Thanks to Colin over at Bankwatch for this one on losses suffered by the Bank of Montreal (BMO). At first sight it looks like just another bad day at the office for some traders – until you see the amount (currently estimated) as having been lost (CAD 680m – just over a quarter’s profit) and the bank’s reaction. This looks like a textbook case of how not to announce this to the market.
BMO seems to have broken a few of the rules on releasing bad news to the market. They started with a low loss number and, since then, have been increasing it. Once the reaction got too strong they now appear to have clammed up, cancelling press conferences is never a good idea.
The losses themselves are large – there is no other way to put it. As a result I suspect that the losses are not normal trading losses and that the two individuals who “no longer work for the company” were off on an adventure of their own with the bank’s money.
This always means that the losses are not “trading” losses properly so called – but operational risk losses. They can only be called trading losses if the bank knew the positions were being run and were either managing them within normal procedures or had set up specific procedures to deal with these positions. To put it bluntly – if the bank knew these positions were out there and tolerated them then they were/are fools.
These sorts of positions are properly the domain of hedge funds, not commercial banks.
If, as I suspect, these positions were not under the control of the bank then that means that internal controls either were inadequate or broke down in several places (it must be several – good internal controls typically need several points of failure). Either way, look for some much better explanations over the next few weeks and / or some serious sackings.
The point? Large losses are almost exclusively operational risk breakdowns in nature. Banks typically focus on credit risk, regarding it as the core of their business. They are right that it is the core of the business, but how many banks have failed quickly by credit losses? What will blindside you and sink a bank is poor operational risk management.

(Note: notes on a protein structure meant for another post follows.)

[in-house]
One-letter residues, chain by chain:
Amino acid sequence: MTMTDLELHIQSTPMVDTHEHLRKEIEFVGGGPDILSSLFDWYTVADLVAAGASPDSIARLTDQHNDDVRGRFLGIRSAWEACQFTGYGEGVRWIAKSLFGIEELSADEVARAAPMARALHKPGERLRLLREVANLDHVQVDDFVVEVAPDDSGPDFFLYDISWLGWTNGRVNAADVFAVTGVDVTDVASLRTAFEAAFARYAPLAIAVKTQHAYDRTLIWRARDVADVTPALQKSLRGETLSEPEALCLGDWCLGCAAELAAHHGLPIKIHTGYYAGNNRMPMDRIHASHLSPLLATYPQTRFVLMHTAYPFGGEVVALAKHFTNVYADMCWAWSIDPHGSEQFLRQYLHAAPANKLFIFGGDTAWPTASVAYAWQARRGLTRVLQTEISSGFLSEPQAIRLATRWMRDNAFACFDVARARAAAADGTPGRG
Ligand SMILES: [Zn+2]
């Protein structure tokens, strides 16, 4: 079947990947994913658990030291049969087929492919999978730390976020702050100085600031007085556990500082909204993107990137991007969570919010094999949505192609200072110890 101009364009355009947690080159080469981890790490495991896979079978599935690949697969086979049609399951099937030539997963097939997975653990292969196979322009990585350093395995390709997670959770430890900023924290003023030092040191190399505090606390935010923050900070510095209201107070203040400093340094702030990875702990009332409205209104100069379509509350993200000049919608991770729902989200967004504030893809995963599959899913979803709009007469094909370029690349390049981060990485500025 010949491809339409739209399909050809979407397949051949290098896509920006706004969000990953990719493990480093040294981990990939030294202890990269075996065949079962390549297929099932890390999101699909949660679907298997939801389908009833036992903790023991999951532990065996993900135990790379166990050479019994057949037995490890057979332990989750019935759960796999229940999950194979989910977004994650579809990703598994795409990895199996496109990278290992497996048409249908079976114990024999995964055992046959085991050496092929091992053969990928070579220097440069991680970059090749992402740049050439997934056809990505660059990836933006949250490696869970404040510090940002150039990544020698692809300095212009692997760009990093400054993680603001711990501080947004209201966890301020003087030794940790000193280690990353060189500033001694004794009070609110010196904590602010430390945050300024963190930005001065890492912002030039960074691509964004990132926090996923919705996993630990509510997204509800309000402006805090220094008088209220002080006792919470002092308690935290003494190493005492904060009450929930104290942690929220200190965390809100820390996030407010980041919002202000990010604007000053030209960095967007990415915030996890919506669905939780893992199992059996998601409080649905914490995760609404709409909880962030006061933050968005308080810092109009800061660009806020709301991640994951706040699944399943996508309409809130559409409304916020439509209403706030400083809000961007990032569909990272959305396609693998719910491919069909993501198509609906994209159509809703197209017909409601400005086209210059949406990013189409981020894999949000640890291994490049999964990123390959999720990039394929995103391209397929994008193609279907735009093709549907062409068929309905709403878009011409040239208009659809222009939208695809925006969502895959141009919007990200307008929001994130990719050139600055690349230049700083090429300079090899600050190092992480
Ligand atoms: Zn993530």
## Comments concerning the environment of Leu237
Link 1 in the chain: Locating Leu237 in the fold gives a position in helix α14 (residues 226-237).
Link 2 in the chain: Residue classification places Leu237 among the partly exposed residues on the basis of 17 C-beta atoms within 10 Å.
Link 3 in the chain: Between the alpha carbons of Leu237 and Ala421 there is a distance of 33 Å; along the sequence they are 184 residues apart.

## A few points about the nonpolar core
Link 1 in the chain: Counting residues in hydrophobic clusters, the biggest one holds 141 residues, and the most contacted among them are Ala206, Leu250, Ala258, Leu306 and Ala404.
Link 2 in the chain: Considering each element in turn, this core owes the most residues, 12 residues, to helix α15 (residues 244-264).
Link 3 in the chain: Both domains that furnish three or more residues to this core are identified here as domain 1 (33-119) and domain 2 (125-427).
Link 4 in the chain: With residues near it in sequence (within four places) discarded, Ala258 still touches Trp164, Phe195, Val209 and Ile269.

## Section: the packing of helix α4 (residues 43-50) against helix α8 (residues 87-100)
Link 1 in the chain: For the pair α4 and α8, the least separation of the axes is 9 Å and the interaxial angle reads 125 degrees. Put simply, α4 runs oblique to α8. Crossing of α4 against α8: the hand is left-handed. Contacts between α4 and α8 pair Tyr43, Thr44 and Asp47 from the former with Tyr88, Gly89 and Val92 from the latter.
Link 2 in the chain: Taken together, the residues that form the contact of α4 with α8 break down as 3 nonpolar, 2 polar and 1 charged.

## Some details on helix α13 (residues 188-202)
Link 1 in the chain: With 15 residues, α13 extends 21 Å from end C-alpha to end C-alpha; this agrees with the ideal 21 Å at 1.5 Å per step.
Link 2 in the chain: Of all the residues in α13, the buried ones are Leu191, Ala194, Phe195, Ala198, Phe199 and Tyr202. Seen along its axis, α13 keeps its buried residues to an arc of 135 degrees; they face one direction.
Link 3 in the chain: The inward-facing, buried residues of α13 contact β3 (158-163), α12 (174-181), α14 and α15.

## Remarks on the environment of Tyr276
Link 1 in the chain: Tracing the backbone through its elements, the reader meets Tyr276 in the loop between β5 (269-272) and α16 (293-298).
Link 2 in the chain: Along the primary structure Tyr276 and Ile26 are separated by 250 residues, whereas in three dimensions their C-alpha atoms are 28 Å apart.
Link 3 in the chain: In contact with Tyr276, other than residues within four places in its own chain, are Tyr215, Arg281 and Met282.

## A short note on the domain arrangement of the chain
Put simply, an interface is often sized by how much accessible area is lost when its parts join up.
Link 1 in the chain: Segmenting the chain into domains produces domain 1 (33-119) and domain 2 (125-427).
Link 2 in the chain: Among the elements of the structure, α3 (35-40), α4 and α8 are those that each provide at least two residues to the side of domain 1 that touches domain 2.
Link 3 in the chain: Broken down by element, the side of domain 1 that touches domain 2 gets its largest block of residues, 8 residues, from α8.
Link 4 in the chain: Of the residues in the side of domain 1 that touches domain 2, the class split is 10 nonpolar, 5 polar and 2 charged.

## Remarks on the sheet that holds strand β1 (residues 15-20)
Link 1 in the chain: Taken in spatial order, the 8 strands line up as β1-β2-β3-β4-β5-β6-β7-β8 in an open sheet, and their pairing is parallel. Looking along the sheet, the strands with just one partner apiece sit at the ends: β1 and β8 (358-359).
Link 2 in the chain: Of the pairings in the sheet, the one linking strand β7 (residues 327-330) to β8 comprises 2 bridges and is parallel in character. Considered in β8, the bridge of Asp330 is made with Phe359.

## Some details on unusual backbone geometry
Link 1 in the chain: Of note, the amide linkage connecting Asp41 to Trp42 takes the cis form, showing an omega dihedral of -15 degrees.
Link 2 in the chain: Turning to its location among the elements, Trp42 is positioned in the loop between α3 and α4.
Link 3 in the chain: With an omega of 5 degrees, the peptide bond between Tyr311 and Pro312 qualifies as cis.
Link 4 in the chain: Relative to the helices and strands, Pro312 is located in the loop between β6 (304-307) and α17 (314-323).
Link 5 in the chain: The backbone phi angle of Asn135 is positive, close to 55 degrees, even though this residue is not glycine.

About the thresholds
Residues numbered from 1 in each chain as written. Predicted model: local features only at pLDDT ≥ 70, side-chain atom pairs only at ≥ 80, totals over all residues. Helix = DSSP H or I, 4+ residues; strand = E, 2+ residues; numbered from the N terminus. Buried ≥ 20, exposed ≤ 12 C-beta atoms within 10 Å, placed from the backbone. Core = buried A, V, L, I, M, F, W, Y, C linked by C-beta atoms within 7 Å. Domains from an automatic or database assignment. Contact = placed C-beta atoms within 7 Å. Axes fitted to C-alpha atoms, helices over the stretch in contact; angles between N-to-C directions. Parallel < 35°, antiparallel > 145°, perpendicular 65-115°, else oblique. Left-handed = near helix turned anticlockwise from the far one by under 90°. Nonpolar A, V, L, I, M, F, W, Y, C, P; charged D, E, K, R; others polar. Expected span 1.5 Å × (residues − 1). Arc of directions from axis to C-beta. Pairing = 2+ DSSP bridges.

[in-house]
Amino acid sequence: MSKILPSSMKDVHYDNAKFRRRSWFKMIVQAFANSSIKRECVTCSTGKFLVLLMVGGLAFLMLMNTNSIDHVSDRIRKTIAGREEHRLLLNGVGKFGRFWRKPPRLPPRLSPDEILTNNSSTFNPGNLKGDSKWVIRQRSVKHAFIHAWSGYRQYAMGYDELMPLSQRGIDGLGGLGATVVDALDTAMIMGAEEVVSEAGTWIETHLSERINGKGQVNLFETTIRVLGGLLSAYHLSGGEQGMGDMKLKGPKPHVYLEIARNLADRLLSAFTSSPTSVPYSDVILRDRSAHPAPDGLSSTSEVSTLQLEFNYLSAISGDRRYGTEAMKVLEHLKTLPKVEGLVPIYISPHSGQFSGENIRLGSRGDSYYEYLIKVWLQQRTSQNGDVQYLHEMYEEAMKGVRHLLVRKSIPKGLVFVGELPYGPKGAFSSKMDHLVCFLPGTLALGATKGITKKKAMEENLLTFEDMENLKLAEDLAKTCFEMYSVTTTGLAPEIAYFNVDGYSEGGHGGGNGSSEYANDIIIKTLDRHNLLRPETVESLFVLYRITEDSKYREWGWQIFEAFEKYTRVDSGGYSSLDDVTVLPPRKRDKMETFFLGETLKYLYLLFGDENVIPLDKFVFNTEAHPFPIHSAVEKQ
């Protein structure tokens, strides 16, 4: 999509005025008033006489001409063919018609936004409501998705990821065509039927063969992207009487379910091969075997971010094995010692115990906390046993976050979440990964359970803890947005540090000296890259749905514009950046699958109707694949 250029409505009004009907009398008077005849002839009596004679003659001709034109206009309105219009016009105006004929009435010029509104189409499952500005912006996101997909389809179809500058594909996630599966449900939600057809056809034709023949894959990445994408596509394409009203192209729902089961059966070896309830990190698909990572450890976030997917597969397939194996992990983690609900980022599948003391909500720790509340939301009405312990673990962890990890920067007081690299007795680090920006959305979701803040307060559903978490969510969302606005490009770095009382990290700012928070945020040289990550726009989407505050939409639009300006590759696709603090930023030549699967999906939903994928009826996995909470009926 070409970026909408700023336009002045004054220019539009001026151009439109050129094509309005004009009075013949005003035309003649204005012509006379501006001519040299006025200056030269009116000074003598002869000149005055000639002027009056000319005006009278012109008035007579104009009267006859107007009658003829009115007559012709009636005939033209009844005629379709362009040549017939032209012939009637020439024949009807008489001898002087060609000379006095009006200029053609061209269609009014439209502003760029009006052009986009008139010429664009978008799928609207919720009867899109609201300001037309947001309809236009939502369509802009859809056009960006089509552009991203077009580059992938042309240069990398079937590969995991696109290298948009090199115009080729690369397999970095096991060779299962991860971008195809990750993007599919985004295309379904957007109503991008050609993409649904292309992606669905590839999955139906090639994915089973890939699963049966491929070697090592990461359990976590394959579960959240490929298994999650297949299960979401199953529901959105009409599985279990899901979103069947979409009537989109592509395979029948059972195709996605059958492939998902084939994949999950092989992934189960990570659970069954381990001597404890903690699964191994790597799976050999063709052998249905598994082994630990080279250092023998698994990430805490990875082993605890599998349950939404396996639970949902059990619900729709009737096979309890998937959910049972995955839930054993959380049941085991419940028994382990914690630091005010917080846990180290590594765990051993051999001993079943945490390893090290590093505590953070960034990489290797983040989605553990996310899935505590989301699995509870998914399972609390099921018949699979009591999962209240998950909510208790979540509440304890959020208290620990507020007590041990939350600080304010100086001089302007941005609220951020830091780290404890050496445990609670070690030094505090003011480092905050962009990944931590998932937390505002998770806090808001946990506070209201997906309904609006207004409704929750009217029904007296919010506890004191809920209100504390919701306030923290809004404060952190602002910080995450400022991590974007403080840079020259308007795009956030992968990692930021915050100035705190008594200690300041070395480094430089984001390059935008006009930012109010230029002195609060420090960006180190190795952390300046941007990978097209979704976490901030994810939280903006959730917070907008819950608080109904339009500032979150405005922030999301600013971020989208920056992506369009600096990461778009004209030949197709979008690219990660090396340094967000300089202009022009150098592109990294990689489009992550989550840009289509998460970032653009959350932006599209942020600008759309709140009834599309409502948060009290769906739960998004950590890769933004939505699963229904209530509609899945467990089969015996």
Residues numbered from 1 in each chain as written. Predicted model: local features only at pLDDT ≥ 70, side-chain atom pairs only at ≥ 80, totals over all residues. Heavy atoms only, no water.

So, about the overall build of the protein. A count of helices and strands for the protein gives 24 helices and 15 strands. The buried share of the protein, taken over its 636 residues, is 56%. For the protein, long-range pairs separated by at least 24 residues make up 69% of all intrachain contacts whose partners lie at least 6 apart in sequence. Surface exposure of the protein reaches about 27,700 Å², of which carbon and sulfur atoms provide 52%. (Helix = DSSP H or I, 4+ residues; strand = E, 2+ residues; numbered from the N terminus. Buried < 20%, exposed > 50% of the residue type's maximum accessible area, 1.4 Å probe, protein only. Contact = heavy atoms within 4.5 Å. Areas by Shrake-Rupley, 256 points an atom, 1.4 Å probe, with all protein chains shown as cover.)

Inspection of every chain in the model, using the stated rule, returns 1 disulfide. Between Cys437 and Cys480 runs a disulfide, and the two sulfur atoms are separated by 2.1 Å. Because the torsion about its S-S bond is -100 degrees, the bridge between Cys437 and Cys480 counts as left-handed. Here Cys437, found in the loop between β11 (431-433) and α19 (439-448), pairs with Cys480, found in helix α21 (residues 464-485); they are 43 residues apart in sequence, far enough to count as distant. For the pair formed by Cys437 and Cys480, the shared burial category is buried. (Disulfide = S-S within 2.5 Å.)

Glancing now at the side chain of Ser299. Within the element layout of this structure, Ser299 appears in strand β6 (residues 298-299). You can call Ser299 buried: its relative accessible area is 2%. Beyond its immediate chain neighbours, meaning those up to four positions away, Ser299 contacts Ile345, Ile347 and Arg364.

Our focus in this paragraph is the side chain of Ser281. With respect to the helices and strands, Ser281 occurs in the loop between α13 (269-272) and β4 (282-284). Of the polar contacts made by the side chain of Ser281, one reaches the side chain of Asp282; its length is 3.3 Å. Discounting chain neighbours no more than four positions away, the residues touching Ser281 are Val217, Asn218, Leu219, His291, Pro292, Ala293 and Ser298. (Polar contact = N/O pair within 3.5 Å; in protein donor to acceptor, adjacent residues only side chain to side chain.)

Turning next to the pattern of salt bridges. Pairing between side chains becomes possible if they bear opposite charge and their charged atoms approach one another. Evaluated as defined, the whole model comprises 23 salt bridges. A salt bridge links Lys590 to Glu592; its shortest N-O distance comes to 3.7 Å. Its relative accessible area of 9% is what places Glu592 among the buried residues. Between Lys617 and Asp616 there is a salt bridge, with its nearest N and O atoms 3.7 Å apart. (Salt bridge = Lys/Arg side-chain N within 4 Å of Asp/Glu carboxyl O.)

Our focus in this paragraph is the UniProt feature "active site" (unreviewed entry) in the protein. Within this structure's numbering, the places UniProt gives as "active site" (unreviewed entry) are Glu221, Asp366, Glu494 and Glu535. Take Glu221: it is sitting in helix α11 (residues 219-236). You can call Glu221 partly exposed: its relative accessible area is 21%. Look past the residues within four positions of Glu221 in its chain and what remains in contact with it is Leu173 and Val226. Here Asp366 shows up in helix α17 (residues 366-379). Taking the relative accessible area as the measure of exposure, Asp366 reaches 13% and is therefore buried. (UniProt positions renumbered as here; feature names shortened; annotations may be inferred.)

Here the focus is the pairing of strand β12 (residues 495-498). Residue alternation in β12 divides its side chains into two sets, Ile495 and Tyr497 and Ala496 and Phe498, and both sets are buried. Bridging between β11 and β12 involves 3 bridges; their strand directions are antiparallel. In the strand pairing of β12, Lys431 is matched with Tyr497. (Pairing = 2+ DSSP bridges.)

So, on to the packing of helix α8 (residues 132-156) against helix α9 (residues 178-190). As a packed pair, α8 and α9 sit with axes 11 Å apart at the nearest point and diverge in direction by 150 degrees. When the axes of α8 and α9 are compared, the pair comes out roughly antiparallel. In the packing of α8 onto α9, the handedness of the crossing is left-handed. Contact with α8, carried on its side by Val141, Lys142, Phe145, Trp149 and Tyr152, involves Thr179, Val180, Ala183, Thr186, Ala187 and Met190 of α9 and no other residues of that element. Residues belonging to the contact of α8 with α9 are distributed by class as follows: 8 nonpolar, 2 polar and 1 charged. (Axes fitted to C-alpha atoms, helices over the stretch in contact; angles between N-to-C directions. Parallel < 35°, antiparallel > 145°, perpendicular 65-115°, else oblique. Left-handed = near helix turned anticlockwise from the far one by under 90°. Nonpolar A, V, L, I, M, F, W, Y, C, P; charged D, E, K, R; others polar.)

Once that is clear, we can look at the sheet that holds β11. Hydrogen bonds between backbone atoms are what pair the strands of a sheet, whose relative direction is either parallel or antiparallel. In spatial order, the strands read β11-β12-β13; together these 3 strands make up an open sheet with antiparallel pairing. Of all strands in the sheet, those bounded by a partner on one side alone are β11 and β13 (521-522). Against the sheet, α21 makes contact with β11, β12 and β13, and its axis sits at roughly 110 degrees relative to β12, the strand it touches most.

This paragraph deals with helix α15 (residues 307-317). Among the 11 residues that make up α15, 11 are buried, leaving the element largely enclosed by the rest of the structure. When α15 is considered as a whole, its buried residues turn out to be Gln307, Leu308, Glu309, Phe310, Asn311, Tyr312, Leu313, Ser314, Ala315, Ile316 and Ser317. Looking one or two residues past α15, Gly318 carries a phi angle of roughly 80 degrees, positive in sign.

21 May, 2007 at 17:27
Interesting post. I (as a Canuck) must admit to experiencing a large jolt of Schadenfreude when hearing that a Canadian bank has had an “unauthorized withdrawl”. Yay. Simply: yay.
21 May, 2007 at 20:40
Slightly different here in Oz as most of us now hold shares in the banks through our pension funds. We can look at Canuck banks with Schadenfreude , though.
I will be interested to see the full story, though. It looks to me like one party on the other side has made all that money. I wonder if anyone in that company (Optionable Inc.) will be making a rapid move overseas. Brazil anyone?
28 May, 2007 at 12:56
Manager, Operational Risk
Australian Prudential Regulation Authority
31 May, 2007 at 11:05
Will be interesting to get the full story. The implication would seem to be the traders had managed to cover the losses, in colusion with the broker in the hope that they would revert, and they could get away with it ala NAB.
I wonder if there will be an independent report on it the way NAB did with PWC, (which makes for an interesting read – much better than the APRA version).
4 June, 2007 at 16:41
I wonder whatever happened to the Whisteblower a NAB??? From what I recall the person was a young woman. Hopefully she got a job at APRA.
This really is a wake up call for auditors. Are operational risk “events” normal disturbuted? can inferences be drawn from the test results of a random sample of transactions? or are these events what Nassim Taleb calls “Black Swans”? and if so how do we stop them?
4 June, 2007 at 20:07
To me the audit profession needs to take what they call a “controls based approach” to these type of events. Testing controls – their effectiveness and / or their presence is the only way to pick the possibility of these up. Simply checking the paperwork will not do so – checking that the controls are in place and working effectively might.
In the end, the chances of them doing so in the face of someone trying to cover their tracks is not particularly high. They do their job every day and the auditors might be in there only once or twice a year. This is why good, strong senior management is so important. The “tone from the top” is vital. The problem at the NAB was the tone was wrong. As the report (at p. 72) put it – “…NAB’s highly regimented culture acted to impede transparency and mollify the message when it involved acknowledging concerns or difficulties at operational level.”
You will never stop attempts at fraud. The trick is to pick it up early enough.
On the whistleblower – I do not believe their name was ever printed, so I do not know if we will ever know where they went.